The history of fandom

When you think of fans, what comes to mind? Extravagant cosplay outfits? Football hooligans? People bursting into tears as their favourite musicians perform? ‘Meet and greets’ with social media superstars?

If these examples sound a little extreme, it’ll come as no surprise that the word ‘fan’ comes from ‘fanatic’, a term that implies excessive behaviour, and is usually described in disapproving tones. 


A fanatic takes things one step too far. Yet, today we’re seeing fans of TV shows, boy (and girl) bands, sport teams, celebrities, lifestyle bloggers and brands, and even of fictional characters, reclaiming that controversial word, and celebrating their intense devotion through ‘fandom’. How did this happen?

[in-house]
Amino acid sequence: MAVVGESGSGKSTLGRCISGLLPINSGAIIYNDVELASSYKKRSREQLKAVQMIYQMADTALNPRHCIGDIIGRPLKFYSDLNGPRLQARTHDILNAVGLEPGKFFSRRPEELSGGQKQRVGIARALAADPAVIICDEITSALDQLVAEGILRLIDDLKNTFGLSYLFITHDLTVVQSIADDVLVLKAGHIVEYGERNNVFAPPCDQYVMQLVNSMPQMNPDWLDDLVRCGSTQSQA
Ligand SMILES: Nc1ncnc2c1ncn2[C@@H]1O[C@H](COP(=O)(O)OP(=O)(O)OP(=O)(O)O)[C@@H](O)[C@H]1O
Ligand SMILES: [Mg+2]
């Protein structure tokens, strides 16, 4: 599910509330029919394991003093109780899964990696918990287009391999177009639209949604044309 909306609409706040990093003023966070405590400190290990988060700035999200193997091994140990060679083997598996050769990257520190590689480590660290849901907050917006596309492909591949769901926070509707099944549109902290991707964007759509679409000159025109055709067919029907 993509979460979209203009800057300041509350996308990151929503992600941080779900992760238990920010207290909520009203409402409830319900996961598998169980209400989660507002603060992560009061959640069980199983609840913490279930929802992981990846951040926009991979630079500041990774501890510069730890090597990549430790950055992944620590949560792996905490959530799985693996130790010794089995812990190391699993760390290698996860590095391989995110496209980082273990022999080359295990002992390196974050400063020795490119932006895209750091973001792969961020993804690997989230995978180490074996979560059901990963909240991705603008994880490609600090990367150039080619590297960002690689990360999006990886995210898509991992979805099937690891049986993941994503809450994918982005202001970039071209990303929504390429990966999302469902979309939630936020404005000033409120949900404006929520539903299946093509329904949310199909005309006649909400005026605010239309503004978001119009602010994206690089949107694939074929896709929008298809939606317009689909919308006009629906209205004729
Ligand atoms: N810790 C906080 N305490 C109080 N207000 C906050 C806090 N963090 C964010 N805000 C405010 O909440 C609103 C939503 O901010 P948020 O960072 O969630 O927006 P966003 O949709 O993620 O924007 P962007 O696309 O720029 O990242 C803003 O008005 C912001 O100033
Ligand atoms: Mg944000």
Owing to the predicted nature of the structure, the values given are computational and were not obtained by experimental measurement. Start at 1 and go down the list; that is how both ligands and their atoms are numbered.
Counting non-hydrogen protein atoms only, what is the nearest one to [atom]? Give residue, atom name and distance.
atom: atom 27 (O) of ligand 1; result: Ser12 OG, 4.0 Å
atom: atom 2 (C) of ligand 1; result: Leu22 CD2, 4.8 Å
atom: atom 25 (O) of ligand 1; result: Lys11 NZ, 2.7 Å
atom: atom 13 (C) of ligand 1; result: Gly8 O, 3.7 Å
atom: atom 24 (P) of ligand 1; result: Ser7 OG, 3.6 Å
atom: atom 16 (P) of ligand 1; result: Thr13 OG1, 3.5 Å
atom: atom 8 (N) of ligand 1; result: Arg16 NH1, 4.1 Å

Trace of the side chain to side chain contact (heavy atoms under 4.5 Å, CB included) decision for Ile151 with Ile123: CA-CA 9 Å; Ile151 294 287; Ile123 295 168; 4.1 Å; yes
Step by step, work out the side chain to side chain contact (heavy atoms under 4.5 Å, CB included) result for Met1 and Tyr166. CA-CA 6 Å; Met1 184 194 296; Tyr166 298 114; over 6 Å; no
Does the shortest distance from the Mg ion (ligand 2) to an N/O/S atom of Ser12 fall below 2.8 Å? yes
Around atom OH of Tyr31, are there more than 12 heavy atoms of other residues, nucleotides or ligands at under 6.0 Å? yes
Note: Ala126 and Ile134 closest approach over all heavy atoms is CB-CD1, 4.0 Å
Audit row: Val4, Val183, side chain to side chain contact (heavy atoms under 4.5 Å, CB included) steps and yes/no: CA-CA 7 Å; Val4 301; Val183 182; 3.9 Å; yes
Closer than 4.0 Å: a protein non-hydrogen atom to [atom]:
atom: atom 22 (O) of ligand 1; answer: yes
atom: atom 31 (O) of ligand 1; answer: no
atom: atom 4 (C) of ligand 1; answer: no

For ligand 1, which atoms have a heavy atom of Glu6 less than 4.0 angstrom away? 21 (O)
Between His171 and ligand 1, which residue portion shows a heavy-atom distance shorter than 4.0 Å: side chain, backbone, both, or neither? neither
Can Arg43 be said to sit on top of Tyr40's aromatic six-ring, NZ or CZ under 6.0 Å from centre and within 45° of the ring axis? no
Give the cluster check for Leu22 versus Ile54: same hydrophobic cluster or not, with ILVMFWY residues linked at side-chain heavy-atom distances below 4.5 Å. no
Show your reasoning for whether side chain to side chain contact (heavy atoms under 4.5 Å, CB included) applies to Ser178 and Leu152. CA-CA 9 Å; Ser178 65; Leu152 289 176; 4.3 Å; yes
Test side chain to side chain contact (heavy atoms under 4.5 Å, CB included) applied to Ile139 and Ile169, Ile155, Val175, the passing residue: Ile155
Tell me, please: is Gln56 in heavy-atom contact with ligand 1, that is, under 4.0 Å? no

We’re glad you asked. Join us in exploring the historical journey that paved the way to modern fandom-a history catapulted by a series of cultural and political factors linking the printing press to social media. It frames Queen Charlotte as the world’s first influencer, shows how Sherlock Holmes fans brought their hero back to life, and everything in between.

We believe fans make the world spin. 

Fans are vocal. They spread the word about their passion, advocating for the artists, products, brands and businesses they admire. Fans are loyal. They won’t take a generic version of your product, they want your stamp on it. Fans are passionate. They engage, provide feedback, applaud, wear the T-shirt, and keep coming back. Good brands have fans, not just customers. 

Curious to learn more? 

We’re a content studio that specialises in helping brands win fans. Get in touch!